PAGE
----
Using default value 10011

5: Write your new partiton to the drive:

Command (m for help): w
The partition table has been altered!


6. Now to make the file system.

[root@34 root]# mkfs.ext3 /dev/hdc1
mke2fs 1.32 (09-Nov-2002)
Filesystem label=
OS type: Linux
Block size=4096 (log=2)
Fragment size=4096 (log=2)
10059776 inodes, 20103331 blocks
1005166 blocks (5.00%) reserved for the super user
First data block=0
614 block groups
32768 blocks per group, 32768 fragments per group
16384 inodes per group
Superblock backups stored on blocks:
32768, 98304, 163840, 229376, 294912, 819200, 884736, 1605632, 2654208,
4096000, 7962624, 11239424


7. Now to make a directory to mount the new drive to.

[root@34 root]# mkdir /backups
[root@34 root]# mount /dev/hdc1 /backups
[root@34 root]# df -h
Filesystem Size Used Avail Use% Mounted on
/dev/hda3 75G 1.3G 70G 2% /
/dev/hda1 99M 14M 81M 15% /boot
none 243M 0 243M 0% /dev/shm
/dev/hdc1 76G 33M 72G 1% /backups

You will see that the new drive is labled /dev/hdc1 and is mounted to /backups.

8. Now edit the /etc/fstab so that the mount is there after a reboot.

Current fstab is shown below:

LABEL=/ / ext3 defaults 1 1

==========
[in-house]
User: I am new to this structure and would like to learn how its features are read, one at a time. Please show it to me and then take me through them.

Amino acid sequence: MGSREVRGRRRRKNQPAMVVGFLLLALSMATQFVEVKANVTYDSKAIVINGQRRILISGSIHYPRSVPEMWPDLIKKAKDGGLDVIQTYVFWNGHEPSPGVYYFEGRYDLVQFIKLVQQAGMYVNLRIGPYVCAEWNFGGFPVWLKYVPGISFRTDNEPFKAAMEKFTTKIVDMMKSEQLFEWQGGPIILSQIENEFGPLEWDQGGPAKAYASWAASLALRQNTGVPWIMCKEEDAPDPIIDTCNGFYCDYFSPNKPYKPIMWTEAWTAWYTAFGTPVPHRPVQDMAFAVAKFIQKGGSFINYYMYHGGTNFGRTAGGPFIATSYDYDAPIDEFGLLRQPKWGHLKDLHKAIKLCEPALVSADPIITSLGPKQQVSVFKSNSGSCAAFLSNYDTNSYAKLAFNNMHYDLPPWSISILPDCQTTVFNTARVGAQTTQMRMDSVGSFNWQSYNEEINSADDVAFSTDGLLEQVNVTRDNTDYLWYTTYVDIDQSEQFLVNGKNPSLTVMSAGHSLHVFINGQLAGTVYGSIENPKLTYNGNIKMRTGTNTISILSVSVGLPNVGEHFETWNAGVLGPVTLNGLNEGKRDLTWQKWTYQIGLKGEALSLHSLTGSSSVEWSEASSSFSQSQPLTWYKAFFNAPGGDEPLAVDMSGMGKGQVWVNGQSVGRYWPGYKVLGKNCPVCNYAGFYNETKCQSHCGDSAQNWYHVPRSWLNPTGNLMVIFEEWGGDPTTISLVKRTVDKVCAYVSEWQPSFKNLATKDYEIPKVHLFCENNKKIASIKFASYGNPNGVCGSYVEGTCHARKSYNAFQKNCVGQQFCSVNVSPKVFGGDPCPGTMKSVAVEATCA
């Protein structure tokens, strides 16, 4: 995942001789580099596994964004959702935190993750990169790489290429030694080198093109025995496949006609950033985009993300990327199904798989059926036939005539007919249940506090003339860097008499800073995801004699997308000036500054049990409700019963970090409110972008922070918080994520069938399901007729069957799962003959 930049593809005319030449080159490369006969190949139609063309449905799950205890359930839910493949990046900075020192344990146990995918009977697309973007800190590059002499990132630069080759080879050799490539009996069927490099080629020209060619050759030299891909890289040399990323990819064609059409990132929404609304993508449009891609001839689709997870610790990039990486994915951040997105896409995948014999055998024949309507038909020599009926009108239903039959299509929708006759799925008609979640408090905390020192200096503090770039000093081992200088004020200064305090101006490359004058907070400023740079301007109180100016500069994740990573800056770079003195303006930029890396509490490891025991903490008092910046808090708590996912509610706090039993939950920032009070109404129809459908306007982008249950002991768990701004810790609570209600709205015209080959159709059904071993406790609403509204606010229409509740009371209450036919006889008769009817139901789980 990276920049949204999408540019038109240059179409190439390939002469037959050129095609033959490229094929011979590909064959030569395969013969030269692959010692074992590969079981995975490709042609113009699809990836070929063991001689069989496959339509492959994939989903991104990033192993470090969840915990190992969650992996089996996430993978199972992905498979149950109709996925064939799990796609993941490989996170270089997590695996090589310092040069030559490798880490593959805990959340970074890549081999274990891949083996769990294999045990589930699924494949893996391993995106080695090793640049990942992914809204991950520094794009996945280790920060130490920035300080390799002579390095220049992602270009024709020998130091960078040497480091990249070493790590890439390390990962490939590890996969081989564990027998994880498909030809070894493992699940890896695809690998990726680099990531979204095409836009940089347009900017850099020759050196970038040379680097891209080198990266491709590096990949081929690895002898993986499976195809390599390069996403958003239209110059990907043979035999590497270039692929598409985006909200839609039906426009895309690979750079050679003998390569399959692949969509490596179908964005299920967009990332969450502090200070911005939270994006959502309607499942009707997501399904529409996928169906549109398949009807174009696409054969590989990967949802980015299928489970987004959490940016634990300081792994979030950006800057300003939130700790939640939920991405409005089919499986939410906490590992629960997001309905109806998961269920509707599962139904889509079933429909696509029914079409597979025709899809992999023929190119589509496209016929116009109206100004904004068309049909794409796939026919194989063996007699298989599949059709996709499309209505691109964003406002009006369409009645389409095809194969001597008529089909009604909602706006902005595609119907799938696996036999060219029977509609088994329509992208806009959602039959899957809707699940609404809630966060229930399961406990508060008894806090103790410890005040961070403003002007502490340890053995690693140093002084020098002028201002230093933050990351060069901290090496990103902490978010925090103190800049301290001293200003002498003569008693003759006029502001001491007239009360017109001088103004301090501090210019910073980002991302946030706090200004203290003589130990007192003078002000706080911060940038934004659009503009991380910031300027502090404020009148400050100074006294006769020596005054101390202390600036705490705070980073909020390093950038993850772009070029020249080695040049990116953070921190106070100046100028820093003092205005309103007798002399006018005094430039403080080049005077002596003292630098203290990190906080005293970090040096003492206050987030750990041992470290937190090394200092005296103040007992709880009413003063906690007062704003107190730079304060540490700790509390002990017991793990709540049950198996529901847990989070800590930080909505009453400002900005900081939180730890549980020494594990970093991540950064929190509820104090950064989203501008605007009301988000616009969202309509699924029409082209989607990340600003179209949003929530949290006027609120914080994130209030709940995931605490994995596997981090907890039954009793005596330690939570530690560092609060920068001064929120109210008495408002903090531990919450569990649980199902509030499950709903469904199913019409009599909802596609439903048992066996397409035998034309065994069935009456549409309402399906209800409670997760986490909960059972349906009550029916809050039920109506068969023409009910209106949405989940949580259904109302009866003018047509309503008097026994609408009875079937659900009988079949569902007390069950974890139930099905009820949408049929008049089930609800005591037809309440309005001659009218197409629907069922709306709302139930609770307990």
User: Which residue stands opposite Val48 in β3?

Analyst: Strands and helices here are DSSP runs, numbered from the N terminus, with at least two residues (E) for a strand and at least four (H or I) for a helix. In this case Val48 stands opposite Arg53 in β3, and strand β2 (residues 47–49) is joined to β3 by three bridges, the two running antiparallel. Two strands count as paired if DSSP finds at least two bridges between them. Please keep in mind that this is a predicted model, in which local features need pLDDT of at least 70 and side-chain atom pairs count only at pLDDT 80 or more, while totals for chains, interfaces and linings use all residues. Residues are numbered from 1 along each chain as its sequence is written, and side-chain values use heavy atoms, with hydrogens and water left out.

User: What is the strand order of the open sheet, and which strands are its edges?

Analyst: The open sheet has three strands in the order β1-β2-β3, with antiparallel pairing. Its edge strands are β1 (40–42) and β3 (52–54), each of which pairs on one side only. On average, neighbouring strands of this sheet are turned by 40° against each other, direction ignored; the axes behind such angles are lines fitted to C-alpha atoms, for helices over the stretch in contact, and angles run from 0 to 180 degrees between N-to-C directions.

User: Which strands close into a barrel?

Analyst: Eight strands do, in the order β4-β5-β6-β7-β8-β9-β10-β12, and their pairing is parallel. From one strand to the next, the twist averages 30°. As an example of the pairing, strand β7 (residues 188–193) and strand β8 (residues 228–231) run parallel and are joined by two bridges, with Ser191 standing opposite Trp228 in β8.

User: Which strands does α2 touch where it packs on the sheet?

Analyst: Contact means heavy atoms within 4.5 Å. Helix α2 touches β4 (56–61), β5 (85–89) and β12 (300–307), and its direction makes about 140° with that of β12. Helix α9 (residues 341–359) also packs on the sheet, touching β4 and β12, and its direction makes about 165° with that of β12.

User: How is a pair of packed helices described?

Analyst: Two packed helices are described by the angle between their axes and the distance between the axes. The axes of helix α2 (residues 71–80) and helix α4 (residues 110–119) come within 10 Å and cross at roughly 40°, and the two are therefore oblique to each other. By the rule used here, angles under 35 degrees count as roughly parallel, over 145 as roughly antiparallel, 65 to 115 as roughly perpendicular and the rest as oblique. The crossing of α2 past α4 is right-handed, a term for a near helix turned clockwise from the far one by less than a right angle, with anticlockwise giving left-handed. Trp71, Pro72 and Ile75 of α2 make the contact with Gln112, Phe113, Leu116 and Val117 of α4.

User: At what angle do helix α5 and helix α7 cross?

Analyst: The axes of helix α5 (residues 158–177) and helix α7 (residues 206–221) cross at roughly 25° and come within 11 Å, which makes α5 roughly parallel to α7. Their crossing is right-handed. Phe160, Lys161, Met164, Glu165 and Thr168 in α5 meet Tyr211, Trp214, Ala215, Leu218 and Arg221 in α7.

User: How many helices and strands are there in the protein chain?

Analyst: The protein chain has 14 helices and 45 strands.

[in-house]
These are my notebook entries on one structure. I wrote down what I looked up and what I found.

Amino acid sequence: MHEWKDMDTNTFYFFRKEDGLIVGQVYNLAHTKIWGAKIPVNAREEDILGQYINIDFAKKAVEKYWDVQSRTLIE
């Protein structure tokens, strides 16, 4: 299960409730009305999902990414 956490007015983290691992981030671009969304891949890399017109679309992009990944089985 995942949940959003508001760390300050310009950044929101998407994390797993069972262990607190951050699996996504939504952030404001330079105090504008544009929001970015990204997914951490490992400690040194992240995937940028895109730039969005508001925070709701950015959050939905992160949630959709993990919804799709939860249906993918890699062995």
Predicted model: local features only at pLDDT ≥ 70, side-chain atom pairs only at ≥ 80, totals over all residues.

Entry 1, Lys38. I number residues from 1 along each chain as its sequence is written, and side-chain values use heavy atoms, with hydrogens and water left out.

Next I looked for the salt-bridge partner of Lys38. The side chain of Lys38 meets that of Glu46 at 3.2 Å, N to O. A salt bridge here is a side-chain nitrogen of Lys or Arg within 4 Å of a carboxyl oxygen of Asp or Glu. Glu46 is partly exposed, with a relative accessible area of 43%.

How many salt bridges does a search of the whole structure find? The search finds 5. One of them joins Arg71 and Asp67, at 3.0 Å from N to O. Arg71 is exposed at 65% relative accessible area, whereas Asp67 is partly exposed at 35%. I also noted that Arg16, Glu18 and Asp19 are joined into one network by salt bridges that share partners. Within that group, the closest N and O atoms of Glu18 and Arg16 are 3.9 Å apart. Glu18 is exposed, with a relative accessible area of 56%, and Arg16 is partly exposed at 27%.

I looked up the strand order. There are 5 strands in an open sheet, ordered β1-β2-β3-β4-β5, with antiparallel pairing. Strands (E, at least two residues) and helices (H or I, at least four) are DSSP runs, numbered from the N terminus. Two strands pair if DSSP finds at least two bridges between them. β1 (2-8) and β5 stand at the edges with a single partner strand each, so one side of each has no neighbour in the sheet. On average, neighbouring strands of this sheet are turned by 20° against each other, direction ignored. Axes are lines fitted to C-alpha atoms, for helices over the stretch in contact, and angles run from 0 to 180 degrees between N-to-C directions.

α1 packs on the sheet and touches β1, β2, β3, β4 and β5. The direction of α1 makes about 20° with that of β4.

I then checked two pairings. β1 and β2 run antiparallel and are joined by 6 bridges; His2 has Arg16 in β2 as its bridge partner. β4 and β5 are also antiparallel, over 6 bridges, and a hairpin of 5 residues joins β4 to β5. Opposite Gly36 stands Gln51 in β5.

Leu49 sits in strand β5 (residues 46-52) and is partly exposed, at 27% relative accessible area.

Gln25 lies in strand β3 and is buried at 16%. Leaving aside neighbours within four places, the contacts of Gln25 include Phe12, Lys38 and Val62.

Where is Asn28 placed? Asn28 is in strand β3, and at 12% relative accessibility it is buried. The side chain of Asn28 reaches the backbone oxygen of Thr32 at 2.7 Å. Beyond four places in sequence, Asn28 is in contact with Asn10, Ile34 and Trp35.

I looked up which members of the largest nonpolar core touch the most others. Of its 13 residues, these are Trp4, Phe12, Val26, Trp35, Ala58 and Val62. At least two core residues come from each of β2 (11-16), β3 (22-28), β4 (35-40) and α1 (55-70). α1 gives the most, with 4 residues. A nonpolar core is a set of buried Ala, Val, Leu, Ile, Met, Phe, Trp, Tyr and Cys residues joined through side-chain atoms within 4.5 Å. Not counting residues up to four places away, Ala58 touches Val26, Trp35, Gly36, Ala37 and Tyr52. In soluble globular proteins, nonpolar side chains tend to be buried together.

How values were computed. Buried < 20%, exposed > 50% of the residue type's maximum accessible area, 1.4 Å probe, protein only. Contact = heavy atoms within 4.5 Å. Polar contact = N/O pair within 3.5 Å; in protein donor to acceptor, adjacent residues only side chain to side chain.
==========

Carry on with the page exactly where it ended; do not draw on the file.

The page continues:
LABEL=/boot /boot ext3 defaults 1 2
none /dev/pts devpts gid=5,mode=620 0 0
none /proc proc defaults 0 0
none /dev/shm tmpfs defaults 0 0
/dev/hda2 swap swap defaults 0 0

9. Now we are going to add one line at the end:

[root@34 root]# vi /etc/fstab
LABEL=/ / ext3 defaults 1 1
LABEL=/boot /boot ext3 defaults 1 2
none /dev/pts devpts gid=5,mode=620 0 0
none /proc proc defaults 0 0
none /dev/shm tmpfs defaults 0 0
/dev/hda2 swap swap defaults 0 0
/dev/hdc1 /backups ext3 defaults 0 0

Save and quit vi.

rndc: the key is invalid


While starting named, or when running /etc/rc.d/init.d/named status, you get the following error:
rndc: connection to remote host closed This may indicate that the remote server is using an older version of the command protocol, this host is not authorized to connect, or the key is invalid.



Run rndc-confgen.
running rndc-confgen would ouput something like this:
# Start of rndc.conf
key “rndc-key” {
algorithm hmac-md5;
secret “lYzcmf255w8BC6PHTSYCQA==”;

options {
default-key “rndc-key”;
default-port 953;
# End of rndc.conf

# Use with the following in named.conf, adjusting the allow list as needed:
# key “rndc-key” {
# algorithm hmac-md5;
# secret “lYzcmf255w8BC6PHTSYCQA==”;
# };
# controls {
# inet port 953
# allow {; } keys { “rndc-key”; };
# };
# End of named.conf

do as mentioned in the output, that is, copy the rndc.conf part to /etc/rndc.conf (of course, remove all the existing entries)
in /etc/named.conf, remove the existing key and controls section, and paste the one from the output of rndc-confgen.
restart named (/etc/rc.d/init.d/named restart).
This fixes the issue

semget: No space left on device

This relates to semaphores on your system (you’ve run out). Run the following to clear them out:

ipcs | grep apache | awk ‘{print $2}’ > sem.txt
for i in `cat sem.txt`; do { ipcrm -s $i; }; done;

For cPanel servers :

ipcs | grep nobody | awk ‘{print $2}’ > sem.txt
for i in `cat sem.txt`; do { ipcrm -s $i; }; done;


Finally restart Apache :

/etc/init.d/httpd restart

service httpd restart